Molecular phylogeny of Pholadoidea Lamarck, 1809 supports a single origin for xylotrophy (wood feeding) and xylotrophic bacterial endosymbiosis in Bivalvia

Publication year: 2011
Source: Molecular Phylogenetics and Evolution, In Press, Accepted Manuscript, Available online 13 June 2011

Daniel L., Distel , Mehwish, Amin , Adam, Burgoyne , Eric, Linton , Gustaf, Mamangkey , …

The ability to consume wood as food (xylotrophy) is unusual among animals. In terrestrial environments, termites and other xylotrophic insects are the principle wood consumers while in marine environments wood-boring bivalves fulfill this role. However, the evolutionary origin of wood feeding in bivalves has remained largely unexplored. Here we provide data indicating that xylotrophy has arisen just once in Bivalvia in a single wood-feeding bivalve lineage that subsequently diversified into distinct shallow- and deep-water branches, both of which have been broadly successful in colonizing the world’s oceans. These data also suggest that the appearance of this remarkable life habit was…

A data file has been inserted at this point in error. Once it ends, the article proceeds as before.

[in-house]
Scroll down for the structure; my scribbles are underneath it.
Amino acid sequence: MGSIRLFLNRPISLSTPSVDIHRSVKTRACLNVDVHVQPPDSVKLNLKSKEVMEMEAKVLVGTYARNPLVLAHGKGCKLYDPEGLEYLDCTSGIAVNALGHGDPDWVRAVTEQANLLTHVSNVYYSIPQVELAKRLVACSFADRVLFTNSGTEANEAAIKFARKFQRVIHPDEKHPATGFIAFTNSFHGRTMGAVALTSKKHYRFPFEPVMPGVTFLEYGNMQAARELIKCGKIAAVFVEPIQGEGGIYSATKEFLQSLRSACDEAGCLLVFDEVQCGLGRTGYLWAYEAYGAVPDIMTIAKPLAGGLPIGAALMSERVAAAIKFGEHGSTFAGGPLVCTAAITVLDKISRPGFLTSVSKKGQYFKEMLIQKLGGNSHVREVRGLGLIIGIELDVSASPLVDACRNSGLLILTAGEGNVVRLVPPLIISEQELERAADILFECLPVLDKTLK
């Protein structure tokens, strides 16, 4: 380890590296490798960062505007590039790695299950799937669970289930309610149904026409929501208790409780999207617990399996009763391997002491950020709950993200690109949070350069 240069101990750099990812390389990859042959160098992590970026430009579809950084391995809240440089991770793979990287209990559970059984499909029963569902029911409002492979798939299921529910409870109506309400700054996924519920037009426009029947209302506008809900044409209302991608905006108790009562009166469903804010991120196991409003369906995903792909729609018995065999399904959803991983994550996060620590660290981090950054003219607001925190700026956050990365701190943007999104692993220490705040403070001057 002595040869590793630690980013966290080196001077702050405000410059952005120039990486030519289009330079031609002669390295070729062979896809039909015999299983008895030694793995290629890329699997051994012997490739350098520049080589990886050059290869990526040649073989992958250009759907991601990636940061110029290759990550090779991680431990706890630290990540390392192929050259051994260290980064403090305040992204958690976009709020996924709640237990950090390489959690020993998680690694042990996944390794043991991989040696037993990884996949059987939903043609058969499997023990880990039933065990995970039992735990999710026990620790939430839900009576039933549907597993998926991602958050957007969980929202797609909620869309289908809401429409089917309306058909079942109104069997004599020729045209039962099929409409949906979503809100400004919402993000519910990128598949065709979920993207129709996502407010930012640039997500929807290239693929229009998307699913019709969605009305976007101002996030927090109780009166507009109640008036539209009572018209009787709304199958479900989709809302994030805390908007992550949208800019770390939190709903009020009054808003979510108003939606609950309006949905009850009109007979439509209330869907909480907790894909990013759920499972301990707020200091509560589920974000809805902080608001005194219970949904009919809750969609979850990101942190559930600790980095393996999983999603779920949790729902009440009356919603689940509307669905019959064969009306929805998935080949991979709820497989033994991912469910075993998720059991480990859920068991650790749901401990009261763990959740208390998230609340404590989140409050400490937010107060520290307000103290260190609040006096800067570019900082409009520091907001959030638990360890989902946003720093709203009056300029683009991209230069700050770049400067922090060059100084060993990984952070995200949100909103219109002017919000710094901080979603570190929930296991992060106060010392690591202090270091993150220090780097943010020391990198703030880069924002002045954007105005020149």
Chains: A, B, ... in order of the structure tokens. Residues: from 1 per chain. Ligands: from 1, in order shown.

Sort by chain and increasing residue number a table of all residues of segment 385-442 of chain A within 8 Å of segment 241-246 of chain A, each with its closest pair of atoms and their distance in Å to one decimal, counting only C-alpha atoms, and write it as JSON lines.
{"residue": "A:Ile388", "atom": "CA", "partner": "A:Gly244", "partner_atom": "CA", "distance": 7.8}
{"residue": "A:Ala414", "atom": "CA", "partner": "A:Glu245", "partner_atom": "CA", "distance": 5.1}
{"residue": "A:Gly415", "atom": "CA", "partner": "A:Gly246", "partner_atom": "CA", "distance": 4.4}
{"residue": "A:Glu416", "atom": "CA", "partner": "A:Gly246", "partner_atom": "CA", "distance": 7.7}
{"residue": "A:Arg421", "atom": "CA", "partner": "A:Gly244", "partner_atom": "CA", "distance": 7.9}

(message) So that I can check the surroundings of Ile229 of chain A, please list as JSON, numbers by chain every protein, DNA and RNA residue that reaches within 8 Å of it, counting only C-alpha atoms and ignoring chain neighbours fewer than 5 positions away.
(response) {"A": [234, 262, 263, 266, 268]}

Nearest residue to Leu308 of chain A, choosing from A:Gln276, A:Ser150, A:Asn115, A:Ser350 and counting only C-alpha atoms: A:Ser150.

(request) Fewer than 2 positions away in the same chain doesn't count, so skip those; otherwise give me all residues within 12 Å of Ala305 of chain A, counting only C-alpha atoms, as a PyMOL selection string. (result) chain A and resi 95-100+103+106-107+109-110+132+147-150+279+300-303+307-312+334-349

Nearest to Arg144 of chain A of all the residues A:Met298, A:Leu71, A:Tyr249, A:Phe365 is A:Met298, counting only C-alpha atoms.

Graphical abstract

 Graphical abstract:  Highlights: ► We infer a phylogeny for xylotrophic (wood-eating) bivalves using molecular characters. ► We show that xylotrophy and xylotrophic endosymbiosis arose just once in bivalvia. ► We infer the characteristics of the ancestral xylotrophic bivalve. ► We show that Pholadidae, Teredininae, and Bankiinae are non-monophyletic. ► A principle diagnostic feature of teredinid species is phylogenetically misleading.
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